The auto traders weren’t happy. One had paid £800 for his pitch, another £1,000 for a slightly bigger area, but the dealers in the area set aside for an autojumble had laid out just £200 apiece for arguably a more prominent position.
“That’s because they’re selling old stuff, collectables and that,” said the harassed organiser lady.
“But a lot of their stuff is brand new, the same kind of things we’re selling,” countered one trader as I eavesdropped on the conflict.
“Well yes, I know, but the new stuff isn’t selling,” was the organiser’s feeble response.
It didn’t go down well!
I wanted to butt in and suggest that the so-called antiques fair, also among the “attractions” in the “huge trade mall” in the centre of the field was another area where trading standards
officers could have had a field day.
Most of the stuff dated from around 1740 – that’s 20 minutes to six, probably the night before.
Instead, I thought better of it and went to check out the automobilia and autojumble for myself. I was looking for car mascots made from glass like the ones illustrated here. It was the same story.
Antiques? Amid the glitz and the glamour and the few genuine pieces for the connoisseur, the only antiques I saw were some of the cars and the folk driving them.
Yes, fake glass mascots have been known to turn up, but they are few and far between, compared to duff metal examples which are legion.
Glass mascots are among the most sought after and expensive of all car bling, the best being those made between 1915-30.
A number of companies produced them, including Marius-Ernest Sabino and Edmund Etling in France and Warren Kessler and Red-Ashay in this country.
The latter company was founded by Herman George Ascher, a Czech émigré who established his business in Manchester in the 1920s.
Coming from an area then known as Bohemia, which was renowned for the production of fancy glass products, Ascher was well placed to commission and import glass mascots, which he sold at motor car exhibitions in London and Edinburgh and from his premises in Chorlton on Medlock.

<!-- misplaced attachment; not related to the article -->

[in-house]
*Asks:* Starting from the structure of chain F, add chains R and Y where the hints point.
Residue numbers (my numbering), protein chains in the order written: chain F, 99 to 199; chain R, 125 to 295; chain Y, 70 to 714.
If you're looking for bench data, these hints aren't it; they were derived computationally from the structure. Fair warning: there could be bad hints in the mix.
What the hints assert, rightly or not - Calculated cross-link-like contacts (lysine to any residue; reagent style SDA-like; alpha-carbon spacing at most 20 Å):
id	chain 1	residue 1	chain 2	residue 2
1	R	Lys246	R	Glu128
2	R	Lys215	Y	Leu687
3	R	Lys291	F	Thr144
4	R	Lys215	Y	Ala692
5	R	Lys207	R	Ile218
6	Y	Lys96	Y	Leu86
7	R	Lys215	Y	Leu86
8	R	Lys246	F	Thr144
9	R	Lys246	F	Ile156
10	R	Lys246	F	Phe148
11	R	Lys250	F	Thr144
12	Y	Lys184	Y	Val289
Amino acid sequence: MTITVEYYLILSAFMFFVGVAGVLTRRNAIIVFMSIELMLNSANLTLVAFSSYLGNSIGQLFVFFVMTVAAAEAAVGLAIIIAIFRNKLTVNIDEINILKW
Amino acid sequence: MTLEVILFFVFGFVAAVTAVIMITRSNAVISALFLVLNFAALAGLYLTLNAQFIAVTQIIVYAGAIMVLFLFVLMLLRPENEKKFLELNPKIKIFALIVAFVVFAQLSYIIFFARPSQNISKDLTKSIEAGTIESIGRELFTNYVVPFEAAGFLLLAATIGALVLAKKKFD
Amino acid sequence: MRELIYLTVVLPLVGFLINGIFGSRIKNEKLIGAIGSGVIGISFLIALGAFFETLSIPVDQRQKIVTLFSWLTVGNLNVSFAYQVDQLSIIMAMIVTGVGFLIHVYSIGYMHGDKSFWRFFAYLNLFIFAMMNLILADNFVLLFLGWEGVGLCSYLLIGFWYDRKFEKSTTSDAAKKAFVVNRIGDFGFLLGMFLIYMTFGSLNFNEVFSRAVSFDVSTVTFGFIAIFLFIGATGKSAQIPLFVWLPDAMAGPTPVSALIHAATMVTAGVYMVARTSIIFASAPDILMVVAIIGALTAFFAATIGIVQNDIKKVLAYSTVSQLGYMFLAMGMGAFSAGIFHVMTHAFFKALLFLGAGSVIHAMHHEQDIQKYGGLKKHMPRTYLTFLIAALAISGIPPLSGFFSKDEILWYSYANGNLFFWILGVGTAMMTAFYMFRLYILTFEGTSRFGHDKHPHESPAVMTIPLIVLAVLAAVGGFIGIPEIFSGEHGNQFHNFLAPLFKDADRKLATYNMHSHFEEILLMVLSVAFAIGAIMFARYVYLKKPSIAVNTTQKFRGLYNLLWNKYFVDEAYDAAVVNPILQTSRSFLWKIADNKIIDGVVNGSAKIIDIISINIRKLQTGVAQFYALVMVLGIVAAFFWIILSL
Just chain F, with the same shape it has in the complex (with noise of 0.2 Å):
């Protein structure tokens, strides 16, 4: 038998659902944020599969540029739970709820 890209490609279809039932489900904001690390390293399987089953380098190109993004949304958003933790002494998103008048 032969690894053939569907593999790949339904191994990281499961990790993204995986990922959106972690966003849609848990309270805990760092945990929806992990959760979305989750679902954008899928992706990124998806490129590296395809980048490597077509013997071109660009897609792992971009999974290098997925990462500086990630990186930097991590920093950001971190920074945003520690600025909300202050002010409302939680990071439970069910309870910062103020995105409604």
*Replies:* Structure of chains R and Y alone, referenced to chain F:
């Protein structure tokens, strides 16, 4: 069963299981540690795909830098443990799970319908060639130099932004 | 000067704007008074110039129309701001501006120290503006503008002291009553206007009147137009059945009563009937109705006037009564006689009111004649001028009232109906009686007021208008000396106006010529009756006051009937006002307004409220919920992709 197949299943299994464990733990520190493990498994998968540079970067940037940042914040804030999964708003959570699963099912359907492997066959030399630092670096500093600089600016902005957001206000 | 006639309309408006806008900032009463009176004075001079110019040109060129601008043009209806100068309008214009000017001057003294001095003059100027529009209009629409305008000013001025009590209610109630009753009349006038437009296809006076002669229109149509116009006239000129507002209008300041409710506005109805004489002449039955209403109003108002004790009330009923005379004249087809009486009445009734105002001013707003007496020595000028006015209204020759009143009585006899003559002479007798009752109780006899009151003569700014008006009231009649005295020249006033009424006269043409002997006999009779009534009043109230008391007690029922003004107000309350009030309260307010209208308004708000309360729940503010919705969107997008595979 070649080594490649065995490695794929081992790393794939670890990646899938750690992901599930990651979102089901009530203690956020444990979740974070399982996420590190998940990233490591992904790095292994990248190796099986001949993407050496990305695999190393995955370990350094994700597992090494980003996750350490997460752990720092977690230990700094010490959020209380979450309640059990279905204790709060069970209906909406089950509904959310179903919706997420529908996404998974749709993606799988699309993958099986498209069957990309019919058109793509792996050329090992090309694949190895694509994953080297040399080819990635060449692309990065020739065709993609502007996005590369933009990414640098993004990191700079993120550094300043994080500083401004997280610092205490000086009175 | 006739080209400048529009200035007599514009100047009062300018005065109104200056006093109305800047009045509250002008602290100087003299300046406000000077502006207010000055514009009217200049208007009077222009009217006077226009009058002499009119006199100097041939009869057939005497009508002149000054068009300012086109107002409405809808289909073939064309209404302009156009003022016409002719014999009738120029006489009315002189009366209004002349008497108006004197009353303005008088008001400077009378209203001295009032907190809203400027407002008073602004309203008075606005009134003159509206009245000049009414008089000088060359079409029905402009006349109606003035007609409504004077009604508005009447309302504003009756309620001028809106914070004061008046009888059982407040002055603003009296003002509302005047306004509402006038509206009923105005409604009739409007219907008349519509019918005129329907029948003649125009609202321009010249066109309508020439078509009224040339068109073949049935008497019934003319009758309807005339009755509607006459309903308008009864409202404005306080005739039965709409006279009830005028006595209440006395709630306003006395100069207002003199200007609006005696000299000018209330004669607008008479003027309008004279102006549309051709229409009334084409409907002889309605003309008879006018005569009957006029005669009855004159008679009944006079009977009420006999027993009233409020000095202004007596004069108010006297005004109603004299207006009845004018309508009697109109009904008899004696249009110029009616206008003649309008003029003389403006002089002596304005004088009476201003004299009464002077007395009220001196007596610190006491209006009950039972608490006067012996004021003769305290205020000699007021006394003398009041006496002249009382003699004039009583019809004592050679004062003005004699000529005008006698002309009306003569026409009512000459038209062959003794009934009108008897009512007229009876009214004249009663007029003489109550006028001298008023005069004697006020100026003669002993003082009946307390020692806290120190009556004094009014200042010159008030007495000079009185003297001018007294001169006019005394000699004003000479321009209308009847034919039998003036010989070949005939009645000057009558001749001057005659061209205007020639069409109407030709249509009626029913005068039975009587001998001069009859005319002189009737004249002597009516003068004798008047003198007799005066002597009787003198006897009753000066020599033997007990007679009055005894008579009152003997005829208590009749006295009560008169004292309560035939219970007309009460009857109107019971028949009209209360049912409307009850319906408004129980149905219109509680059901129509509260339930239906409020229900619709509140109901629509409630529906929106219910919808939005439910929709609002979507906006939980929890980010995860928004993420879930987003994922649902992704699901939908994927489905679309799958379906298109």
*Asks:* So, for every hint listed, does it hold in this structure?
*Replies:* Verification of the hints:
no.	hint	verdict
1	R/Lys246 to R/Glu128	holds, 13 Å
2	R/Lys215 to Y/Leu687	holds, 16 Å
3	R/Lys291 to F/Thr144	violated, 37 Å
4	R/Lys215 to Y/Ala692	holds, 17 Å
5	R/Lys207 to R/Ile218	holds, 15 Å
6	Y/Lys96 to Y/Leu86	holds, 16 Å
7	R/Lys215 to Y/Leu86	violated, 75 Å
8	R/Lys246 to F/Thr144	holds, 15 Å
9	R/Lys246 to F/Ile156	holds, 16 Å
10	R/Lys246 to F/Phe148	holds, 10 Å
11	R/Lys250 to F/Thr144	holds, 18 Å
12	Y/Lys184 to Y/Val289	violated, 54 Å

In all, Ascher built a range of 30 mascots, which he marketed under the name Red-Ashay. However, they were the preserve of only the well-heeled and the well-wheeled.
They retailed for between one to 10 guineas, the best being those which were illuminated by the car’s battery.
Even more novel were examples fitted with cylinders of coloured glass which caused the mascot to glow in shades of white light, red, orange, blue and green.
Some were controlled by hand, while others were driven by a small propeller fitted to the mascot mount.
As the car gathered speed, so the propeller turned faster, causing the coloured cylinder to spin, emitting a different colour as if did so.
Changes in taste and the nationalisation of Czech glass factories after the Second World War saw the decline and eventual death of Red-Ashay, the company closing in 1952, but the Nottingham-based company Crystal Art Glass continues to import and sell some of the mascots, produced by the original moulds used by the factory that made them for Herman Ascher. (So, beware new examples being passed off as antique).
Doyen of all glass mascot makers, however, was the master French glassmaker René Lalique (1860-1945) whose most famous mascot was commissioned by the Citroen (e with two dots over it) car company entitled Cinq Cheveaux (five horses) for the 5CV car first introduced in 1924.
Others include St Christopher, Archer, Coq Nain (cockerel), Perche (fish), Grand Libellule (dragonfly) Tete (first e acute) d’Aigle (eagle’s head), Sanglier (boar’s head), Chrysis (kneeling nude), Longchamps (horse’s head), Tete (first e circumflex) de Paon (peacock’s head) and Victoire (female head).
They were hugely popular. The eagle’s head, for example, which symbolised military might, was chosen by Hitler for his commanders’ Mercedes-Benz staff cars.
Rich British motorists bought them eagerly too, through Lalique’s London agents, the Breves Galleries in Knightsbridge.
Many were sold also as paperweights, but mascots are distinguishable by the heavy brass bases which allowed them to be mounted to car radiator or bonnet.
Lalique trained as a jewellery designer and maker but went on to spread his Art Nouveau and later Art Deco interpretations across most media including perfume bottles, porcelain, chandeliers and clocks.
Glass mascots also served to warn drivers of the temperature of the water in their car radiators which were often prone to boiling over.
These so-called moto-meters or calormeters comprised an illuminated glass tube sandwiched between discs of clear glass in a metal mount attached to the radiator cap.
When the temperature rose, the water level climbed inside the tube, giving the driver an ever-visible indication of engine temperature, even at night.
The glass and dials of these gauges were often engraved with decoration and they quickly sprouted wings and other adornment, although they were intended to be treated more seriously than the adornment of a car bonnet.
As a result, they are less expensive than most others and largely immune from the fakers.
Slideshow pictures show a handsome group of glass mascots sold by Warrington, Cheshire based vintage and veteran motor car auctioneers H&H Sales. The most valuable proved to be a Lalique St Christopher in perfect condition, which sold for £731. An amber version of Lalique’s Coc Nain sold for £315 despite a significant chip to the base, followed by a Red-Ashay style of a woman’s head, modelled after Lalique’s Victoire, which fetched £405. A rare Red-Ashay Pharaoh mascot sold for £191.